HONG KONG — Trying to catch a particular sports event on television is almost a game in itself in Hong Kong.
It’s usually not too hard to find international soccer matches, local horse racing and the U.S.’ National Basketball Assn. games, but other sports, particularly those from North America, can be tricky.
Dominant pay TV operator Hong Kong Cable Television (Cable TV) looks about to change that, thanks to its conversion from analog to digital.
The shift, which started early last year and should be complete by 2005, is creating a greater capacity for channels and a platform for the company to respond to public demands.
The conversion allows for 120 channels, double the current number, and Chan says it may be up by another 20 by the end of the year.
On May 1 Cable TV began offering a pay-per-view package for the U.S. National Hockey League playoffs and finals.
“This is a great idea,” says Tim Noonan, a sports columnist for the South China Morning Post. “(Cable TV) actually listened to the viewers and responded to them. And it works out for the company because it gets new subscribers.”
Cable TV’s latest PPV offer comes after it put together a similar package in February for the cricket World Cup. It was so popular that Cable TV used feeds from ESPN Star Sports to launch a cricket channel last month.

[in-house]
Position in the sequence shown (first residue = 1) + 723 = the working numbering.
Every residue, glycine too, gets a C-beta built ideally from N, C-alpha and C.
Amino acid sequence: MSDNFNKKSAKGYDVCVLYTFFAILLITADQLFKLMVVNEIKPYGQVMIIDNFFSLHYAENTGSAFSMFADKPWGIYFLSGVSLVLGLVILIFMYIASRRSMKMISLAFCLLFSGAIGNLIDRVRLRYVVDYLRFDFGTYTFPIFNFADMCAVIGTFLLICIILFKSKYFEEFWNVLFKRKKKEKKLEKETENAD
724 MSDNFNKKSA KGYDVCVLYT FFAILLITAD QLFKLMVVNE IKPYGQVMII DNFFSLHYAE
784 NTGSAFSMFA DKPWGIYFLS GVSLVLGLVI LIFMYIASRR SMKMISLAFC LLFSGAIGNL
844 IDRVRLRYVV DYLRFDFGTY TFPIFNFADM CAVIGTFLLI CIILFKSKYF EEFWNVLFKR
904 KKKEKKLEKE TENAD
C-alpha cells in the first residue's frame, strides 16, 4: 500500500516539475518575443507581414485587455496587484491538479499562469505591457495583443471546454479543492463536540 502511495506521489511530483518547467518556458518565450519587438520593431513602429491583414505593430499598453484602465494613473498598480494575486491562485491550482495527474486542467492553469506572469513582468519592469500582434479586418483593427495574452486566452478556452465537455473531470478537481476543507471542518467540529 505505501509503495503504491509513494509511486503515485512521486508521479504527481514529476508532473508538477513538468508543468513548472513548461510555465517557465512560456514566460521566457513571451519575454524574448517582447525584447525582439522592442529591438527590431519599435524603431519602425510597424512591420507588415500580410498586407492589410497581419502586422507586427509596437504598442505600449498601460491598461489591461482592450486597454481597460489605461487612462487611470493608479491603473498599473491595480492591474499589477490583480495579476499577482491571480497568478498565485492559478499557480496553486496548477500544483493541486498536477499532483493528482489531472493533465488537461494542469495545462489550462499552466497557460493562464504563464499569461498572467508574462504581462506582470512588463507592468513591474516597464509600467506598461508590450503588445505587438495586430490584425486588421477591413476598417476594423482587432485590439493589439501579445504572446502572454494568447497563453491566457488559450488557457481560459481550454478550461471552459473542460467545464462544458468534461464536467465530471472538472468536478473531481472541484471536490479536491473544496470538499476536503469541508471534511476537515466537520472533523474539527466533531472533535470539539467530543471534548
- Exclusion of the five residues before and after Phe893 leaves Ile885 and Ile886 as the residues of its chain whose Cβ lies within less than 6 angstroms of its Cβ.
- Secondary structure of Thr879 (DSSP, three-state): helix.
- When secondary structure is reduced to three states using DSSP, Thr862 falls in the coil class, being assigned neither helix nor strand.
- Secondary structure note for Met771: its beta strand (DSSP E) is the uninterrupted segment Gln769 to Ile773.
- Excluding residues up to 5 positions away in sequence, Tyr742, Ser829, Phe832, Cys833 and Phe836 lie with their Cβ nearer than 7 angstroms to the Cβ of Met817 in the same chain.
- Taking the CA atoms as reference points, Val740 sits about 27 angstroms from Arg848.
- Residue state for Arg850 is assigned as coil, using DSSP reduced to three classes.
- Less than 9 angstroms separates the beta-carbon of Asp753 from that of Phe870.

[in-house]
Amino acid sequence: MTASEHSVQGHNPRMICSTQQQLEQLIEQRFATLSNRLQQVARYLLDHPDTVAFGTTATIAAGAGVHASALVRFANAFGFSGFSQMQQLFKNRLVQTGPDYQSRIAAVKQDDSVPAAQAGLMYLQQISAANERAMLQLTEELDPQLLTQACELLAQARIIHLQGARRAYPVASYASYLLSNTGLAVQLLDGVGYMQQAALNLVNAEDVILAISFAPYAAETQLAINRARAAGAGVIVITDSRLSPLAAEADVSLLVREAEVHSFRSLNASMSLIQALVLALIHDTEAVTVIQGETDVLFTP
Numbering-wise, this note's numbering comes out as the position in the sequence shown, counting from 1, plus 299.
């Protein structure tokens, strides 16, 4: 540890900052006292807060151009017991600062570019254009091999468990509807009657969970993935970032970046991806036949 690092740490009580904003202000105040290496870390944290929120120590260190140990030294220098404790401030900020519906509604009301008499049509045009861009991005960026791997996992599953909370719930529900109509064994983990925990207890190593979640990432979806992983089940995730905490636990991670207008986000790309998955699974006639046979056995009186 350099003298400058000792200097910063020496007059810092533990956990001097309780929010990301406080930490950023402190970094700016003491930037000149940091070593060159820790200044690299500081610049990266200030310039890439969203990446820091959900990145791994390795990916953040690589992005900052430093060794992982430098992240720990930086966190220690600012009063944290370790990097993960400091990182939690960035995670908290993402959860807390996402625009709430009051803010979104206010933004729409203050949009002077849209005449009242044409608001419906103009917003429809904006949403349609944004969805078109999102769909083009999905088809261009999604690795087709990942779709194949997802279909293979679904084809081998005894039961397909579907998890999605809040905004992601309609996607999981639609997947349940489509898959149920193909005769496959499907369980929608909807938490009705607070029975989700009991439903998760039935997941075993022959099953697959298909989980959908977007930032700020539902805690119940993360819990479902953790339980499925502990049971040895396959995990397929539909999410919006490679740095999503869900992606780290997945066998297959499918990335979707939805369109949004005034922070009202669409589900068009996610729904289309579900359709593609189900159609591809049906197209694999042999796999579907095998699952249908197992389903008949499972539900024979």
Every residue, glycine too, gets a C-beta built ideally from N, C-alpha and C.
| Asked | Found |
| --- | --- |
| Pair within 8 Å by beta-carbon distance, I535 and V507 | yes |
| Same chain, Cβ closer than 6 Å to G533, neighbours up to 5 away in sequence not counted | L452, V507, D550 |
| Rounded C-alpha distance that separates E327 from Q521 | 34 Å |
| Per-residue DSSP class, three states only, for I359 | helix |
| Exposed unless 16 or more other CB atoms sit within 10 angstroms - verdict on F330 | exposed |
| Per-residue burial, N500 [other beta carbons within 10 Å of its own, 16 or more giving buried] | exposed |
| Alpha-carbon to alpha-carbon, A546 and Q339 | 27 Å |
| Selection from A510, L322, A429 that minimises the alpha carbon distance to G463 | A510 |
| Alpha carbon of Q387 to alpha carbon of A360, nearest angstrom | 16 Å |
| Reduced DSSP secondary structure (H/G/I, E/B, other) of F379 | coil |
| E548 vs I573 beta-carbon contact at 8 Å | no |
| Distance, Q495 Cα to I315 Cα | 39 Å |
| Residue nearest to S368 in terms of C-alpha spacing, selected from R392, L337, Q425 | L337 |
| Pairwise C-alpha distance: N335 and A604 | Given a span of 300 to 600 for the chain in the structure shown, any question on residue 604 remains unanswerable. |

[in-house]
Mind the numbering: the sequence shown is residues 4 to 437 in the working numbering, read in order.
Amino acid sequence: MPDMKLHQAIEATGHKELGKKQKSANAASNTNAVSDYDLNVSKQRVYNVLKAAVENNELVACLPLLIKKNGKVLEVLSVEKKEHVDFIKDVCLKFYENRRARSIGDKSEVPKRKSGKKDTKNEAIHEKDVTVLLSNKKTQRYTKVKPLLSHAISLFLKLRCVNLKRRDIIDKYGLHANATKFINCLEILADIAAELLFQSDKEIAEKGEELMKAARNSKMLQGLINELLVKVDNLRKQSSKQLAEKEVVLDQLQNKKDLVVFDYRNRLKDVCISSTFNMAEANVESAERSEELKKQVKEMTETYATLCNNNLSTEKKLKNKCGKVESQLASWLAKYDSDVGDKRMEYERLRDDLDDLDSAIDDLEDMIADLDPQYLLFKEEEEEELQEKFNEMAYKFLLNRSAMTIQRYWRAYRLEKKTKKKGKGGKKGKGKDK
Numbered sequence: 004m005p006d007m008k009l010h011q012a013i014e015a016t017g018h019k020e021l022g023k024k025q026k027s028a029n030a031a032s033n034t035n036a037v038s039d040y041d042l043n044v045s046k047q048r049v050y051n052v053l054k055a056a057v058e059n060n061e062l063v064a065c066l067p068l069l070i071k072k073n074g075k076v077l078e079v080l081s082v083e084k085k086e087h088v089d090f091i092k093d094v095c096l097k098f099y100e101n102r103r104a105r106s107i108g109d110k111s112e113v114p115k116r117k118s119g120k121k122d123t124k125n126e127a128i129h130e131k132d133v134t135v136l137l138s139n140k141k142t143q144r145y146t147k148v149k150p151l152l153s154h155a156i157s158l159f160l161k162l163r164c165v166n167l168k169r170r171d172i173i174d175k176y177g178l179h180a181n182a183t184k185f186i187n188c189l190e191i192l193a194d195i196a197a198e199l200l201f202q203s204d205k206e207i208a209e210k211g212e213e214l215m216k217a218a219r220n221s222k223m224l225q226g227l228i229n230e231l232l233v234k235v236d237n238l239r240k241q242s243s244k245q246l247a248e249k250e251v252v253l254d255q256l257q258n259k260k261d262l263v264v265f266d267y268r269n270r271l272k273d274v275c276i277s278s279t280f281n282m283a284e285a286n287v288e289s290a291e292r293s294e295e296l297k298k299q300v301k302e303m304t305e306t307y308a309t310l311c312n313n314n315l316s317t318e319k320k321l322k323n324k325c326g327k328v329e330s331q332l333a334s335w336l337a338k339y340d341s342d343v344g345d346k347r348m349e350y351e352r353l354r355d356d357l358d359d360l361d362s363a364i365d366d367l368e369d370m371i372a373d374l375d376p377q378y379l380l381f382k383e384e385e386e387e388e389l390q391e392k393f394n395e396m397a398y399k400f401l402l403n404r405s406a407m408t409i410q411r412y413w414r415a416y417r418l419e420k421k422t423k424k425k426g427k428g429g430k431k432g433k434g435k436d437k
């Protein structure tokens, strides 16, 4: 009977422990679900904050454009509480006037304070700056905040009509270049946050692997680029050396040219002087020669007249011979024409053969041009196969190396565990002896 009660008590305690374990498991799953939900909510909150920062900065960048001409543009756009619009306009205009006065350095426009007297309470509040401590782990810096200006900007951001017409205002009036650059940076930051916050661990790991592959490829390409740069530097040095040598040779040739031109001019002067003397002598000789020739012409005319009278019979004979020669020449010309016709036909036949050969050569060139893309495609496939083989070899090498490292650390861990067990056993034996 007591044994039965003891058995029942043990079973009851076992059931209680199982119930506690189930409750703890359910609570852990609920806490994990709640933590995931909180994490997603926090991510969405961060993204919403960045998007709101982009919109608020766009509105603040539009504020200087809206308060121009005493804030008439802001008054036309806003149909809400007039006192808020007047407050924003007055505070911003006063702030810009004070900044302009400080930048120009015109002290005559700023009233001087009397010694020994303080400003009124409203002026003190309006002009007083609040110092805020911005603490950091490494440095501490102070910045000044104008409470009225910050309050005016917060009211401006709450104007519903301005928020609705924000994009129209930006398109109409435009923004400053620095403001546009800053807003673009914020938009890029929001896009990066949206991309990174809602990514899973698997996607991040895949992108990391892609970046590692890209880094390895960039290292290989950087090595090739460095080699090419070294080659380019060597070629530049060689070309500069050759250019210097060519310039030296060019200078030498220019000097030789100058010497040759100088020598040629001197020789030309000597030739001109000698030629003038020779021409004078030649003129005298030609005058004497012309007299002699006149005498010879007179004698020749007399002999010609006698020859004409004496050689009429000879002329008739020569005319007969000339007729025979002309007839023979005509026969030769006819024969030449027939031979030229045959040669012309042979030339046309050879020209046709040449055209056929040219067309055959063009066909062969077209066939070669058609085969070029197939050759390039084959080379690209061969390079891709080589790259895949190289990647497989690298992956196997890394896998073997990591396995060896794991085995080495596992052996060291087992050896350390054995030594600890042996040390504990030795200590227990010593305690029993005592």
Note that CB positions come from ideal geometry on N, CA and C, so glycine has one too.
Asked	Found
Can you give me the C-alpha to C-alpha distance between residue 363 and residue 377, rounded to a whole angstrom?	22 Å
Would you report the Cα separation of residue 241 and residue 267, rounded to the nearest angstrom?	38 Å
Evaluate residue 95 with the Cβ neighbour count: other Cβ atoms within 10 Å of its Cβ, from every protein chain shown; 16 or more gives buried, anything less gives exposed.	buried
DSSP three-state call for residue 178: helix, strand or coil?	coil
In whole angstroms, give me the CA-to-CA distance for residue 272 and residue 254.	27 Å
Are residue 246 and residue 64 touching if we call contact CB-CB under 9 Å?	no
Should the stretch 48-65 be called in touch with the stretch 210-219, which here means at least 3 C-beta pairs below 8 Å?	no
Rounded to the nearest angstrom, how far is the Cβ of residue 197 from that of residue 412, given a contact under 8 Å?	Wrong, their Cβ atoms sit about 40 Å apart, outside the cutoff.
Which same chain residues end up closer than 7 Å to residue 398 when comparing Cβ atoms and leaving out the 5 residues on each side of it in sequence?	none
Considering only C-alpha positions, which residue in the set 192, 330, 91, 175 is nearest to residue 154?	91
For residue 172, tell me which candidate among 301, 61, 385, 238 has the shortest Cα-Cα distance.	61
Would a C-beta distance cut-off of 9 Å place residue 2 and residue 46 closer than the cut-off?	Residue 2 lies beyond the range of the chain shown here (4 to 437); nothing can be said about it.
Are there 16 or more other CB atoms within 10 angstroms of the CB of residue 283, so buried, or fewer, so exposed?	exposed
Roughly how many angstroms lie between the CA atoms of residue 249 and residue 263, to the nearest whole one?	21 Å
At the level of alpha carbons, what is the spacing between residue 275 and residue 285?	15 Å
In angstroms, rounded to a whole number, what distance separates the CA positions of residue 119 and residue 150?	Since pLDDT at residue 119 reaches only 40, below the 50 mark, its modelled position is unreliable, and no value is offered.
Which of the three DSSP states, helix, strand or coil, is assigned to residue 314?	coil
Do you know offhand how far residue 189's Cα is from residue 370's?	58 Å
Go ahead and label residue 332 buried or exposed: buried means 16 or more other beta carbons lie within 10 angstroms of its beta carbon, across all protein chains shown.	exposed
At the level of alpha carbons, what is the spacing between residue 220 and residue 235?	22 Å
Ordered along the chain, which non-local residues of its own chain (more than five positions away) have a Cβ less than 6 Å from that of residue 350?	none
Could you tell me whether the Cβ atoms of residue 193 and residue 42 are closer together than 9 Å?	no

“In Hong Kong soccer is the most appealing sport, so we offered that first,” says Garmen Chan, a spokesman for Cable TV. “But given the cosmopolitan nature of Hong Kong, people are interested in other sports, too. And now that we have increased capacity, we can introduce niche sports packaging.”
All this has helped lure auds — already, more than one-third of its 600,000 subscribers have converted from analog to digital set-top boxes.
Cable TV carries three channels dedicated to sports: Star Sports, ESPN (which together form the 50-50 joint venture ESPN Star Sports) and its own Cable Sports.
All three focus on soccer, with ESPN and Star Sports also airing basketball, car-racing, tennis, golf, bowling and extreme sports.
ESPN carried hockey until this year. “It is not all the fault of the programming executives,” Noonan wrote in a recent column lamenting the lack of key sports events. “It is also the fault of the major sporting leagues who seek exorbitant broadcast fees.”
As it began shifting to digital early last year, Cable TV started enhancing its basic package and introduced tiered packages for niche markets, bundling together Indian channels, international channels and adult channels.
The company’s shift is timely: New and upcoming pay TV operators are vying for subscribers and are trying to provide programming Cable TV doesn’t yet offer.
But Cable TV clearly recognizes where the holes lie and it is programming like mad to stay on top of its own game.